Butterflies and moths may be tiny but to save them you have to think?big.
Colonies of butterflies surviving in small isolated pockets of land are vulnerable. Research has shown that they can be encouraged to spread their wings and expand but only if they don't have to fly too far.
In response to this new way of understanding butterfly populations and movement, our work to protect them and their habitat takes a landscape-scale approach.
Conservation on a landscape-scale means creating chains of butterfly habitat across large areas of countryside. Improving and connecting land for wildlife through the coordinated conservation management of numerous sites for a range of species across a large natural area.?
In the last decade, Butterfly Conservation and our partners have embarked on some of the biggest butterfly projects to date.
Butterfly Conservation projects focus on some of our most threatened butterflies and moths, they are often identified as priorities for conserving biodiversity by governments.?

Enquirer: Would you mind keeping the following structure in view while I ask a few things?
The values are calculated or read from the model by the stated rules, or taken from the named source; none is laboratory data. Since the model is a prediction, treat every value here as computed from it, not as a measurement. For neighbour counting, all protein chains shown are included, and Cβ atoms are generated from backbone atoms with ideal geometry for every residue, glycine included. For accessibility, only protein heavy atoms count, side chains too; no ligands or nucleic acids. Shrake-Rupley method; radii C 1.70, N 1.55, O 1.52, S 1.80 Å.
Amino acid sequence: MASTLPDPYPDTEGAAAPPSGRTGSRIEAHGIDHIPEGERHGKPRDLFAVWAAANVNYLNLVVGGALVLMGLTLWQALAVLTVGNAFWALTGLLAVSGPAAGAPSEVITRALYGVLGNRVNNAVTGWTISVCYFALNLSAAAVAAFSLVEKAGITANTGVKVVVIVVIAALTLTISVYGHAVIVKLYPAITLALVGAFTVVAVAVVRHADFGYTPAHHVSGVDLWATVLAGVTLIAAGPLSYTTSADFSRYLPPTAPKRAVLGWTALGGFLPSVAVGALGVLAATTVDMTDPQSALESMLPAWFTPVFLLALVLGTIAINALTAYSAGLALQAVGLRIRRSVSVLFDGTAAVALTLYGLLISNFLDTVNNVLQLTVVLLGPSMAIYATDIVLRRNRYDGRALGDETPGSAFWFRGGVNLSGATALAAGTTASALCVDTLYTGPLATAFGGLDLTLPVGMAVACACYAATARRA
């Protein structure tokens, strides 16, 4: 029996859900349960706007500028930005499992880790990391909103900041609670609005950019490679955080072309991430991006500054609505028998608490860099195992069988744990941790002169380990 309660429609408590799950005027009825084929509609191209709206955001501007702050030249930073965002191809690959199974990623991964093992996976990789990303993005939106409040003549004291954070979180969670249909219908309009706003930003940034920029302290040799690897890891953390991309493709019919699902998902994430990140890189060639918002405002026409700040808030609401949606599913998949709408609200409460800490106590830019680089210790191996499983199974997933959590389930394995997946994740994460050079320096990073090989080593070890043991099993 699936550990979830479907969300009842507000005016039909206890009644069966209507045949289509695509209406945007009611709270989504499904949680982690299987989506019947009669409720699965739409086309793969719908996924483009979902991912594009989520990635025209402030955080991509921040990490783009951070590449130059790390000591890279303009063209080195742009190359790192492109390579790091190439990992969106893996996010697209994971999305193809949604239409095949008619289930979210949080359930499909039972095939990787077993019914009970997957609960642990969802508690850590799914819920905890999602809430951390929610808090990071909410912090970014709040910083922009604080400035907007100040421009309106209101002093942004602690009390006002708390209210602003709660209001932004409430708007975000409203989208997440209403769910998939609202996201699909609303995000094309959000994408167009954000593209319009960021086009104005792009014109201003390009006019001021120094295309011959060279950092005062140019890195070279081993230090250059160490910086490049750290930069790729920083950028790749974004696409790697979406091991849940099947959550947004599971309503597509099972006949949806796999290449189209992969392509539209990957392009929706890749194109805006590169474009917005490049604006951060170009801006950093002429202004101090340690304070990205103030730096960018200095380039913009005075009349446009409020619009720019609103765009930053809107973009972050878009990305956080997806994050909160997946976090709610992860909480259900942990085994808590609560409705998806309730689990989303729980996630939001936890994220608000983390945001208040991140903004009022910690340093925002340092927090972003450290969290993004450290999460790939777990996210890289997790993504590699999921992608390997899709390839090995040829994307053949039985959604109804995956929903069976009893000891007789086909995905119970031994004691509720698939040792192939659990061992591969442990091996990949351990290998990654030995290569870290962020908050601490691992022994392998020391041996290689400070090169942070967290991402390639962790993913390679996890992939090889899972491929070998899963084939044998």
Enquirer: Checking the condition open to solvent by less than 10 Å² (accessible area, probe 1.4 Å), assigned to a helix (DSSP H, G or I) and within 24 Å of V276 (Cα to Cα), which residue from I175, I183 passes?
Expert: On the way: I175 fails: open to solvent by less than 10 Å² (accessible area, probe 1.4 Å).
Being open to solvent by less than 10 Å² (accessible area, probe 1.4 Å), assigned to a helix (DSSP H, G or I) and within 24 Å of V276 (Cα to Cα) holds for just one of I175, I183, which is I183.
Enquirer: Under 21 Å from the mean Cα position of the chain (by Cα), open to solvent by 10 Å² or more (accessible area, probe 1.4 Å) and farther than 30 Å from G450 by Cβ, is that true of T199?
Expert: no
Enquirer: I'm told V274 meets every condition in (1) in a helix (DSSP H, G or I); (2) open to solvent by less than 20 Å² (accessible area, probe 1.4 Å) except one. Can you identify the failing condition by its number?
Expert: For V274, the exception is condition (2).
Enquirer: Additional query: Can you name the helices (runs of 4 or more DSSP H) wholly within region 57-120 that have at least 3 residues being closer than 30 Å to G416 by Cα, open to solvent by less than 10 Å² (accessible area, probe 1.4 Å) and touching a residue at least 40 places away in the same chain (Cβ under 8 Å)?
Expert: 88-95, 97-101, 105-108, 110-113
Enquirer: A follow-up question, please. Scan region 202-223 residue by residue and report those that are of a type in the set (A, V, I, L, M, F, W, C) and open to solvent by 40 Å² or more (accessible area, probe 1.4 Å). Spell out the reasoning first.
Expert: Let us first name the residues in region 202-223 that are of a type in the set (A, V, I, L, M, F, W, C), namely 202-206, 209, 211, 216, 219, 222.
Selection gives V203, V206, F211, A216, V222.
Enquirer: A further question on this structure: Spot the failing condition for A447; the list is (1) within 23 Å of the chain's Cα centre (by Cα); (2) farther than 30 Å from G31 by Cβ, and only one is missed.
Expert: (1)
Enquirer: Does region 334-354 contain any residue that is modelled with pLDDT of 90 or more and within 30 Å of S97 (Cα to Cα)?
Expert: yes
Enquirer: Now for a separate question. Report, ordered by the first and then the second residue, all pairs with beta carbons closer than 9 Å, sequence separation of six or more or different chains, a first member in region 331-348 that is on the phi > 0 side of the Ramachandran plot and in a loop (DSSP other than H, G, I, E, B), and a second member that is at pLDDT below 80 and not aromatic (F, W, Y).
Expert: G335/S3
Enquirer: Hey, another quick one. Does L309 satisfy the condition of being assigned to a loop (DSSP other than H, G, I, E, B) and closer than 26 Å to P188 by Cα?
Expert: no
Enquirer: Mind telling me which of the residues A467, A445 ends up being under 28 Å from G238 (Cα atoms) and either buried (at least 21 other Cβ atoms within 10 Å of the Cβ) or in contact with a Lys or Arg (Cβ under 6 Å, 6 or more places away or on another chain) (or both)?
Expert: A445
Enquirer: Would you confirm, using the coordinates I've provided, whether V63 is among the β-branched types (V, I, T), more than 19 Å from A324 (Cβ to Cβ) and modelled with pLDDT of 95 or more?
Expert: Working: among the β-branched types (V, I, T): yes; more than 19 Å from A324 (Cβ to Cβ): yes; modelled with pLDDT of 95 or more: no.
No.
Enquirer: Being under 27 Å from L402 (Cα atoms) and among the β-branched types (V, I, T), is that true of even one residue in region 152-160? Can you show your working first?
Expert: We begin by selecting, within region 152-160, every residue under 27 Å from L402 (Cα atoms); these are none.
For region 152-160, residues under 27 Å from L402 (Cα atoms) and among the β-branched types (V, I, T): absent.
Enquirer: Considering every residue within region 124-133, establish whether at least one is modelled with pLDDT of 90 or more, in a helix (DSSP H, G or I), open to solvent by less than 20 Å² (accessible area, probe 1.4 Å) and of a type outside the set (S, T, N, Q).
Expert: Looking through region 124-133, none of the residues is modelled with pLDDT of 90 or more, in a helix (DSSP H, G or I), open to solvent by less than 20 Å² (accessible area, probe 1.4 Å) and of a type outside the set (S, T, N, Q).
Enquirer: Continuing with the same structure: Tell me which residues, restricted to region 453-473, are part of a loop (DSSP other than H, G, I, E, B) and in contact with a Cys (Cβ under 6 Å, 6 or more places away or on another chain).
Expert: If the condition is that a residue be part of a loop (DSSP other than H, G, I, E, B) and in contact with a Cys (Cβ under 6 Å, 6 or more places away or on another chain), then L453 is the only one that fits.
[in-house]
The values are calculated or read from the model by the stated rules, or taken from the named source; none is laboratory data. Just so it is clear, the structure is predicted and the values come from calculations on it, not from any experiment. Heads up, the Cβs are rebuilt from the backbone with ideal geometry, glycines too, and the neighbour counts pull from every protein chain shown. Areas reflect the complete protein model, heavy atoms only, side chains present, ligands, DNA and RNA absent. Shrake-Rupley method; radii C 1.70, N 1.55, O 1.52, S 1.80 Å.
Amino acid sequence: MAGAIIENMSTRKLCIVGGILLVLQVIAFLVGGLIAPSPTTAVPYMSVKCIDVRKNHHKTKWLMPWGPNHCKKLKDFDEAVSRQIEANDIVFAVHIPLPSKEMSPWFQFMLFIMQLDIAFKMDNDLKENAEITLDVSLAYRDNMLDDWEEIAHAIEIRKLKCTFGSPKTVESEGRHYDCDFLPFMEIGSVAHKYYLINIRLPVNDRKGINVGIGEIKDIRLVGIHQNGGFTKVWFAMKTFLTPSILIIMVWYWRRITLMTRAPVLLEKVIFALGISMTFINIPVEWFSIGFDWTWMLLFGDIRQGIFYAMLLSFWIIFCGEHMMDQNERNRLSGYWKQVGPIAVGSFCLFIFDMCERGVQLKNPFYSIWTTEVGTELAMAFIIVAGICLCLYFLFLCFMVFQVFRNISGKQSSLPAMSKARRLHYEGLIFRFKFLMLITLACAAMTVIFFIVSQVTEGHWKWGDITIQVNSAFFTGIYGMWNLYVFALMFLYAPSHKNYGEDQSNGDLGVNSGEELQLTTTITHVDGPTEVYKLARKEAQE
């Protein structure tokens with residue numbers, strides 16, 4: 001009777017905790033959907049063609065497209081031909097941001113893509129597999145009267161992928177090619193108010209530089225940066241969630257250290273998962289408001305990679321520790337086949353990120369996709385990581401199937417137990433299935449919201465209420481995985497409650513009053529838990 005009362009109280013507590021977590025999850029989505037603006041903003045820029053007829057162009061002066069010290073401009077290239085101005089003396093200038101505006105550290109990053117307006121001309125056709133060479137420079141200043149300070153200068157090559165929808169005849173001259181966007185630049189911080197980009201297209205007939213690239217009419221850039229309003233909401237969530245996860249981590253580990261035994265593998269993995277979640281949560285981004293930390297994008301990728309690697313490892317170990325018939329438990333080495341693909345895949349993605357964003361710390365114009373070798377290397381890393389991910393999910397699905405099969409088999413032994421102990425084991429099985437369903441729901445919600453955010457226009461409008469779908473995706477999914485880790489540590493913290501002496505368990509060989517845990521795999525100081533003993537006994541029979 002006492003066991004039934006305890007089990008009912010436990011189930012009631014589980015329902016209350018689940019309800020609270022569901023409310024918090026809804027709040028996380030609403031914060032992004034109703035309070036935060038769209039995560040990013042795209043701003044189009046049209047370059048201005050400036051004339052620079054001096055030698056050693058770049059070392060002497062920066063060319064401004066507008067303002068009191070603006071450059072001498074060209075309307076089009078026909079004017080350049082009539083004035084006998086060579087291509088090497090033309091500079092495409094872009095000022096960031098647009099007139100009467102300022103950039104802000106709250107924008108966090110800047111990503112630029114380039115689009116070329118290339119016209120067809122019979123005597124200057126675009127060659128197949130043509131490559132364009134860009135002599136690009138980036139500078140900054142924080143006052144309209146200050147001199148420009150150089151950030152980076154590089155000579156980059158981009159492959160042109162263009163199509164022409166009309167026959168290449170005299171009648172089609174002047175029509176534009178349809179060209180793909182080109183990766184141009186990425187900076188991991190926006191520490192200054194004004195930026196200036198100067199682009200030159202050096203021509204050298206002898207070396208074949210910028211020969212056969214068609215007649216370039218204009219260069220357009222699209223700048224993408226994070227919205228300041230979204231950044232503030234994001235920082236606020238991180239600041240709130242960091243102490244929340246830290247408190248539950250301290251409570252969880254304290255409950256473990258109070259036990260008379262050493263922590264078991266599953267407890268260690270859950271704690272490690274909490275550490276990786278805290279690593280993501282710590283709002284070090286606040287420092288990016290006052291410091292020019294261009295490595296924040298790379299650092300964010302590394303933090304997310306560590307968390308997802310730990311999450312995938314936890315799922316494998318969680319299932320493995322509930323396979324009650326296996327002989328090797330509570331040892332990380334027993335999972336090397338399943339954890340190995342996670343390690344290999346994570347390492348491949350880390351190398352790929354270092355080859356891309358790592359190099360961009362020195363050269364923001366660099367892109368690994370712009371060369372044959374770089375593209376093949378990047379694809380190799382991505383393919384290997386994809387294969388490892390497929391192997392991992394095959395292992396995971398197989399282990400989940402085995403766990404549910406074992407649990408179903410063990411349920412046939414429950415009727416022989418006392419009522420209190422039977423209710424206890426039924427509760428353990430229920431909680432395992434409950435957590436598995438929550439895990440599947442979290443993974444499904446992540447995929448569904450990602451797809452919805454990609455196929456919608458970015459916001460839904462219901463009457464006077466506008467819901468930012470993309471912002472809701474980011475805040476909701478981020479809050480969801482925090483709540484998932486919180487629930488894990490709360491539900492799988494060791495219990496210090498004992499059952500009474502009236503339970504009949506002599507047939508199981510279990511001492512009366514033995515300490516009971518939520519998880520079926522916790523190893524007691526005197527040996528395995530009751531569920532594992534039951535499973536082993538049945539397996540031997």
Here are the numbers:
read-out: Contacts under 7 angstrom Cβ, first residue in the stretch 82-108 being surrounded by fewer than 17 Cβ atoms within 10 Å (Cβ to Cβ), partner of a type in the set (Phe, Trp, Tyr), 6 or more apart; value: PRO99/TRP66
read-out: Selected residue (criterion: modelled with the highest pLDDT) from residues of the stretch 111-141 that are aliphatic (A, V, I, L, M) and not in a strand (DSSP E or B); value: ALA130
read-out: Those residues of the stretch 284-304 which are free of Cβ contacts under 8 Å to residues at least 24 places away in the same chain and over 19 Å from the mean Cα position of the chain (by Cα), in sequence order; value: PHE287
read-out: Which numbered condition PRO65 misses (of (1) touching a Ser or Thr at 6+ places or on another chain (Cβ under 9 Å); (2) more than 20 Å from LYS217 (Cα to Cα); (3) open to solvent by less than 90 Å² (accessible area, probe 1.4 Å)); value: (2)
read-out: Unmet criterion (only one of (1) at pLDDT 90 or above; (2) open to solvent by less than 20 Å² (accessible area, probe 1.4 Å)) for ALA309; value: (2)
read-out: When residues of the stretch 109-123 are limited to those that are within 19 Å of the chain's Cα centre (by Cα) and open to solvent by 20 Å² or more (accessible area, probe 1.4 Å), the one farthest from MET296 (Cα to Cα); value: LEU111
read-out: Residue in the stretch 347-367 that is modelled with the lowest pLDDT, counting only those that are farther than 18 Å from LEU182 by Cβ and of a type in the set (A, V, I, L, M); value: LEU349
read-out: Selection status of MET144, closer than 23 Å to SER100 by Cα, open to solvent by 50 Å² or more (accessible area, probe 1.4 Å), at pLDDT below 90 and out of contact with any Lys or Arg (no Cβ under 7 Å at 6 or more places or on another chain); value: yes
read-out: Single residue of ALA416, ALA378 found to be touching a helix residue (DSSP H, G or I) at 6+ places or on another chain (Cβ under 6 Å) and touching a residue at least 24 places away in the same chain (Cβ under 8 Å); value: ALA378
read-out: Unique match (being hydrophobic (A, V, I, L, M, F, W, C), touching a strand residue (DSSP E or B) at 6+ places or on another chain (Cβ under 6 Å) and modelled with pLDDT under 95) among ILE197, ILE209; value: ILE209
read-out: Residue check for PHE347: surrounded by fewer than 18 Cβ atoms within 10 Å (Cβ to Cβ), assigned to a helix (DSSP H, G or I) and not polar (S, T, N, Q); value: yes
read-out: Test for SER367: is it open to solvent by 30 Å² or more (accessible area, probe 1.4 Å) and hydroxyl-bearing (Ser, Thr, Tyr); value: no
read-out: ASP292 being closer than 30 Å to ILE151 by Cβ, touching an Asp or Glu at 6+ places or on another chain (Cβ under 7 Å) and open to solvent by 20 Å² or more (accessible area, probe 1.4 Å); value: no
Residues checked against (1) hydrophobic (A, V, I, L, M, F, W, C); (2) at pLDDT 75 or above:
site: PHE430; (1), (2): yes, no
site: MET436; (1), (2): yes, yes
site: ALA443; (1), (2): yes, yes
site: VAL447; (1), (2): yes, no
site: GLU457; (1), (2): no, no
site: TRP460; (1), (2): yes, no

The landscape-scale approach is?used in many projects across?England,?Wales,?Scotland?and?Northern Ireland,?further details on these projects can be found on the relevant countries pages.
Many of the projects work at a landscape-scale, where our projects co-ordinate the conservation and management of habitats for a range of species across a large natural area, often made up of a network of sites.
Scotland's rugged landscape presents a distinctive set of challenges to our team at Butterfly Conservation Scotland.?Scotland's upland and northern species?could be under threat from?climate warming.
The core focus is on saving the most threatened species, discovering more about those we know least about and recording how species are faring as indicators of environmental health.?
Northern Ireland has only 6% of the land area of the UK but the relatively unspoilt coastline, mountains, lakes and rivers provide habitat for a wealth of butterflies and moths.